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College Program Aims to Help People Build a Home for Just $20,000

An overview of Auburn Univeristy's Rural Studio and its $20K House Project in Hale County, AL.

By Stephanie Stewart-Howard on March 10, 2014

20K House Project in Rural Alabama
Photo by Danny Wicke

Is it possible to build a beautiful, livable home for just $20,000? Auburn University’s Rural Studio believes so and is trying to change the paradigm in rural communities by replacing trailer homes with small, pretty houses that meet a resident’s needs. For MacArthur, Dave, Joann and other proud owners of these homes, this investment can make an enormous difference. Instead of a trailer home, often seen as a money-losing blight on the rural landscape, they are able to live in low-cost homes that hold and even gain value.

The Rural Studio

The Rural Studio, founded in 1993 by two professors at the school of architecture, aims to “take third- and fifth-year architecture students away from the ivory tower and into deepest rural Alabama, giving them the opportunity to build houses and design communities,” says Rural Studio Director Andrew Freear.

Working from the premise that everyone deserves good design, students have the opportunity to see their creations come to fruition within a small community – currently including a library in Newbern, Ala., and a Boys & Girls Club in Greensboro. In each case, students learn to work with the community, raise funds, interact with engineers and consultants, and design sustainably.

“There’s no other program like this in the world,” Freear says. “We’re now a resource for local residents; we’ve been around long enough that they trust us.” He adds that the work of students and professors eliminates the cost of billable man-hours for architectural design via traditional businesses; it’s a big advantage – some 127,000 hours of work have gone into the program since 2005.

The 20K House Project

The Rural Studio’s 20K House Project stands to have its widest-reaching impact: it began as a student assignment aimed at creating affordable rural housing for those who didn’t qualify for commercial credit, says the program’s manager, Marion McElroy (a 2002 School of Architecture graduate). The sum, $20,000, is approximately what someone living on the average Social Security check can manage to make payments on.

Intended to be an alternative to the ubiquitous trailer homes seen across the rural U.S., the project wasn’t originally seen as a potential product line. Each successive year, however, students had the chance to reassess, tweak and build on the design of the previous year, with exceptional results.

“In 2009, we really looked at it, and saw what we did well,” McElroy says. That year, they built Dave’s House, a 500-square-foot, open floor plan home with a 128-square-foot porch. The next year came MacArthur’s House, a modified shotgun style with more segregated space; 2011 brought Joann’s House, a 520-square-foot house with an open floor plan and short walls to separate off the kitchen, plus an “apple-bite” porch.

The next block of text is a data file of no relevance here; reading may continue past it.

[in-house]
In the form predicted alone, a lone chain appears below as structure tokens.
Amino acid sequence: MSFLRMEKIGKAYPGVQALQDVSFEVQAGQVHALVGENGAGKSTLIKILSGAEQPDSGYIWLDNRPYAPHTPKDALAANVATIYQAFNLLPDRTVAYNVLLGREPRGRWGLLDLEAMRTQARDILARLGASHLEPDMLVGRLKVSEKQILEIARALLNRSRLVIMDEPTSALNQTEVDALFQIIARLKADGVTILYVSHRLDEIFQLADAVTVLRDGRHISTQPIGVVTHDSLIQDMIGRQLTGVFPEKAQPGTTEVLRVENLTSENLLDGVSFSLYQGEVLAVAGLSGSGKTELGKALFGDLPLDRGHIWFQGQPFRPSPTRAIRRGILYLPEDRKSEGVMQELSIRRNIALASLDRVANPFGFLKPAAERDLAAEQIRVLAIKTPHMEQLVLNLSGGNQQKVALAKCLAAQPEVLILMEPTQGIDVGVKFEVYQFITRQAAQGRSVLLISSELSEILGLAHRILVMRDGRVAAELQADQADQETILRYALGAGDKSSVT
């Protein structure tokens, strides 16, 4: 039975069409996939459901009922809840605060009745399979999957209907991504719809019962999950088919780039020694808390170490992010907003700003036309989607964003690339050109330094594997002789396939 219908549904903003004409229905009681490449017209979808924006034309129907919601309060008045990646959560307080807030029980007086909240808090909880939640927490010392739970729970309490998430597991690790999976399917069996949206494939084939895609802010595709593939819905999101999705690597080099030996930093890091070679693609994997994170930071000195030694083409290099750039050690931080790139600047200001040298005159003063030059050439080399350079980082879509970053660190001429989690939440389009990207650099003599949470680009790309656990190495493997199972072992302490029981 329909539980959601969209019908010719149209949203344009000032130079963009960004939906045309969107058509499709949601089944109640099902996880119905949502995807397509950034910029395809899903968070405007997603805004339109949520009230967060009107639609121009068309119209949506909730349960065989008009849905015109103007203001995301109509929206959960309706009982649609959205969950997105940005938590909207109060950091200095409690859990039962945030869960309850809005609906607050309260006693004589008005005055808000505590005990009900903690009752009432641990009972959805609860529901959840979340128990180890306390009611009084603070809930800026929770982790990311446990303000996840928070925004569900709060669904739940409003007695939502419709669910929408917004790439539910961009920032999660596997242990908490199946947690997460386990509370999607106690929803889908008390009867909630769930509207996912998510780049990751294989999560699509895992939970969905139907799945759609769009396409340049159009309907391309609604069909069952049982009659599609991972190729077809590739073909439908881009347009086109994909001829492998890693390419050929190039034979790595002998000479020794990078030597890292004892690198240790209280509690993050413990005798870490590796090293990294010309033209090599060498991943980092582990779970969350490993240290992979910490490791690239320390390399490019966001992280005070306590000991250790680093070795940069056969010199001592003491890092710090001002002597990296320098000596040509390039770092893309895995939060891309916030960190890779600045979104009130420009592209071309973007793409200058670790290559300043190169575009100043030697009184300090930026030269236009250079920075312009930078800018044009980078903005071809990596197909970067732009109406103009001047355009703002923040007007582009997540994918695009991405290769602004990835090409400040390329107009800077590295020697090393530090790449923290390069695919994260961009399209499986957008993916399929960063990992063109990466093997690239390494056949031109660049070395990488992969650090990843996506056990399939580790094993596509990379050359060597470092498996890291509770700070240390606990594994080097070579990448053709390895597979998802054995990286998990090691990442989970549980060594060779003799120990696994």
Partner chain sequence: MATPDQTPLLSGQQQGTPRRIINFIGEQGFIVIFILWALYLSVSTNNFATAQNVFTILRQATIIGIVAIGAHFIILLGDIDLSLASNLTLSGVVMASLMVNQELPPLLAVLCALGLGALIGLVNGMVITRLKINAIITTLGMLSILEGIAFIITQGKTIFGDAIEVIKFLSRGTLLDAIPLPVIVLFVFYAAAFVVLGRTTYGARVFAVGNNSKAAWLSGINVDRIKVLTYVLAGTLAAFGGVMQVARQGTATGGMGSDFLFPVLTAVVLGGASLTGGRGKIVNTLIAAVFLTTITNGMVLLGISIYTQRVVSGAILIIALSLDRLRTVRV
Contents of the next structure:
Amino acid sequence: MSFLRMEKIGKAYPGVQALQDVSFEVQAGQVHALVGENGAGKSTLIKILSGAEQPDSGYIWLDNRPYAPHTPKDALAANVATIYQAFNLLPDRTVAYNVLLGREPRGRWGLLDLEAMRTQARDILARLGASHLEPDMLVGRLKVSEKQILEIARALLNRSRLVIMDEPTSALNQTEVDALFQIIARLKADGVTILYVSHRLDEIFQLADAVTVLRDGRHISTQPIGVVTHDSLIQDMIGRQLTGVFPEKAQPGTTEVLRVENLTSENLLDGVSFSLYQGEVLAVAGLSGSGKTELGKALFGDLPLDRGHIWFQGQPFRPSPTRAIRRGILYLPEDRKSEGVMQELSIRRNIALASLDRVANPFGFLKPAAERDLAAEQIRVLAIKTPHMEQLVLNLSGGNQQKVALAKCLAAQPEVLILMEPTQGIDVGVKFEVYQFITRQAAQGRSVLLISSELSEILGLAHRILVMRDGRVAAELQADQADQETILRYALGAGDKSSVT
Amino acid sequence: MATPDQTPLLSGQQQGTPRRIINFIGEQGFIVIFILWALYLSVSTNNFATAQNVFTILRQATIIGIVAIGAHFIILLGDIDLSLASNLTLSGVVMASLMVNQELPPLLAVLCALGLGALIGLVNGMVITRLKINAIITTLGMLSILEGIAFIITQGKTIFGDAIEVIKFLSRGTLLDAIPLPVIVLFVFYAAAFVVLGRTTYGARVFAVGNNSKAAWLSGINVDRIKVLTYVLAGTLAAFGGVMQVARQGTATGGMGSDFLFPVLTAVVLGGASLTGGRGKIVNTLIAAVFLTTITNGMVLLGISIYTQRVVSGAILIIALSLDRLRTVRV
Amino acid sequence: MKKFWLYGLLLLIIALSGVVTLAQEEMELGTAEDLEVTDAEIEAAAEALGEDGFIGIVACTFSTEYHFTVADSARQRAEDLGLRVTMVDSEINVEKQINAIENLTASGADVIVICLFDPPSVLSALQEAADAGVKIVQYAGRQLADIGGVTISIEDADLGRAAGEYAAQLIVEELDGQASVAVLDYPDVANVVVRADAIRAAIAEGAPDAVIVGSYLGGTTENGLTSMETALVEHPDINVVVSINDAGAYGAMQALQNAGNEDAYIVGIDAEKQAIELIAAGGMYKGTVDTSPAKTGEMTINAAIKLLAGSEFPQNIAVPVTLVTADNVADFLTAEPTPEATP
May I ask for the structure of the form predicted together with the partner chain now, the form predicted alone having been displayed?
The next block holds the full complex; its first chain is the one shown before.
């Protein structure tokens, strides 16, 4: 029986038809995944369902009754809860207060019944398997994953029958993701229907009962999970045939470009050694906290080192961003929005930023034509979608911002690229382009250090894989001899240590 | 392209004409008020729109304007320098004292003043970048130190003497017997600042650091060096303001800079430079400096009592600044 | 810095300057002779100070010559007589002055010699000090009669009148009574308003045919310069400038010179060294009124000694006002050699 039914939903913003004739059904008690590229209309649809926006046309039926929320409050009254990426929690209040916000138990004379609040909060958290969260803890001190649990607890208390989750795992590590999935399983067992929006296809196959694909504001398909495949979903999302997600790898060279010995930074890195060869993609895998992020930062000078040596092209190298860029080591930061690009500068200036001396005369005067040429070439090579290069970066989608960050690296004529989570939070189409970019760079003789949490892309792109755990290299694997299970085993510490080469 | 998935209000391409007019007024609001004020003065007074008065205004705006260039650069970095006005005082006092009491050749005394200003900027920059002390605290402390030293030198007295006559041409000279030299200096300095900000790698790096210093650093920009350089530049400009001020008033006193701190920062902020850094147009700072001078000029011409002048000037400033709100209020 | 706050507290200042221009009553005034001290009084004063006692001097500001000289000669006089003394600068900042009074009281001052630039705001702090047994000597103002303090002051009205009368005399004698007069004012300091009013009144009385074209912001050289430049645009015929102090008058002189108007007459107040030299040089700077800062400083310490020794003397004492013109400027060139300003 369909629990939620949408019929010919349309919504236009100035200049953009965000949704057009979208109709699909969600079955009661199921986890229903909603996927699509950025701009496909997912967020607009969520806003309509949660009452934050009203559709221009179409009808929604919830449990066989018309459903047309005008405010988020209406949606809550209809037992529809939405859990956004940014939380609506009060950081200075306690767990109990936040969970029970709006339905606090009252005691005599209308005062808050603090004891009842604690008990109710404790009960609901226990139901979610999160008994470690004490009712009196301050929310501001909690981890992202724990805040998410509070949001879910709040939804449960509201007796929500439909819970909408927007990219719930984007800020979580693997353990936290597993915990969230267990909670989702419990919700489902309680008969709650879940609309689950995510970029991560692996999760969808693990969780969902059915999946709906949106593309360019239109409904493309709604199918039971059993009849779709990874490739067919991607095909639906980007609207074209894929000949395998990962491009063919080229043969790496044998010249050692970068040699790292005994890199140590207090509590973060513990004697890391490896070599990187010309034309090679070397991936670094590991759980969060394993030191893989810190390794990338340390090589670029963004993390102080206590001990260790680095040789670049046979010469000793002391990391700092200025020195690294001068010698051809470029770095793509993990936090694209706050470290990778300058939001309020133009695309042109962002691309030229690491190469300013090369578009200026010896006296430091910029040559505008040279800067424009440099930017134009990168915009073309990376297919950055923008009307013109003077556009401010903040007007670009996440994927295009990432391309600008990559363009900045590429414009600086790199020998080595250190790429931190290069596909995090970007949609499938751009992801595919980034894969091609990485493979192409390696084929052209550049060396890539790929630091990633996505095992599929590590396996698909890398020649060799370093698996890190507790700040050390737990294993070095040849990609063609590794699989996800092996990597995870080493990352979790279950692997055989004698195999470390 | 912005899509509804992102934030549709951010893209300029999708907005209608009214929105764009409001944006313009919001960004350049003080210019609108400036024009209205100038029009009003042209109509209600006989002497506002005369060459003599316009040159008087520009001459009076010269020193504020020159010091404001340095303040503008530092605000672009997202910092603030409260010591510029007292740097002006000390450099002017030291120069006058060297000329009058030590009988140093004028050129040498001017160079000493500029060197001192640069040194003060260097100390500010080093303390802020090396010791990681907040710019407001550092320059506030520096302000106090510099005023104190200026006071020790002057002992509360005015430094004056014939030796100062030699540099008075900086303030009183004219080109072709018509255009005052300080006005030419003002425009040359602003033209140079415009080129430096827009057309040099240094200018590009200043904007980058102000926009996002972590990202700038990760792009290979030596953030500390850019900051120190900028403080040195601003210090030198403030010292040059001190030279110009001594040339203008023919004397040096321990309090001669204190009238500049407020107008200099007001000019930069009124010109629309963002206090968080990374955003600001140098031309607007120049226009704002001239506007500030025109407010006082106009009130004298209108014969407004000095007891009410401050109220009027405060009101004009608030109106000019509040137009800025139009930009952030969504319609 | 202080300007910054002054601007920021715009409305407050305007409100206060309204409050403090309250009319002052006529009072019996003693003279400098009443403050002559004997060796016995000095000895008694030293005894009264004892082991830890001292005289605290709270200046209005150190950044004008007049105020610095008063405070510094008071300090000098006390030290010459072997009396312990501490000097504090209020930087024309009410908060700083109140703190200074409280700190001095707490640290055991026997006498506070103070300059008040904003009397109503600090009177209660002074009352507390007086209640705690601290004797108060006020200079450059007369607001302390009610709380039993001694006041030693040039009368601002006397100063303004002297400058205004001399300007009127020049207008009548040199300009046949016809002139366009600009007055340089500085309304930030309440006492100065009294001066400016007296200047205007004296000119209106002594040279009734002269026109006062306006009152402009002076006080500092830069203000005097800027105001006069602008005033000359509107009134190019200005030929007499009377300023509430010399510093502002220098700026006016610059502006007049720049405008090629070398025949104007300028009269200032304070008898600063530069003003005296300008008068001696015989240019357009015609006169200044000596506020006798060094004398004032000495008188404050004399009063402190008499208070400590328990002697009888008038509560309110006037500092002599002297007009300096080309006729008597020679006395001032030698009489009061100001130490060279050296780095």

These three homes, named for their residents, became the inspiration and model for the product line. In 2012, Turner’s House redefined the model by creating a wheelchair accessible home with a storm shelter. Now students are designing a two-bedroom space for families.

McElroy and Freear say the long-term home construction styles of the region, those wooden houses that have stood for a century or more, frequently provided inspiration as to how to construct things right, from covered porches to peaked roofs.

Model Homes and the Future

McElroy says they’re currently building model homes on land donated to Auburn University in Hale County, Ala. Chicago firm Landon Bone Baker took student drawings and created professional construction documents, and with their help, students learn about bringing construction up to code and using FHA and HUD guidelines, as well as the difference between working with very custom design versus creating working plans that easily translate for outside construction crews (the Rural Studio does not operate its own construction company). It’s a field testing opportunity that also allows people to tour and learn about the project.

“Our biggest issue is keeping these houses buildable at $20,000,” McElroy says. “We’re working on deliverable construction documents [via website], and we have a moral obligation to try to keep the quality high and the price consistent as we adjust to the market.”

McElroy says the appraised value of the completed homes is often much higher than the $20K investment, in some cases $40-45,000 – in contrast to a trailer home that instantly loses value.

“It’s an actual home,” she says. “I think that matters in rural communities; it changes the landscape. It’s a chance some people haven’t had before, and unlike a mobile home, it can change the landscape, giving one person at a time a shot at more.”

“I hope these houses can be for everybody,” Freear says. “It does a lot of good in these communities, having a warm, dry, noble, beautiful house that one can afford.” 

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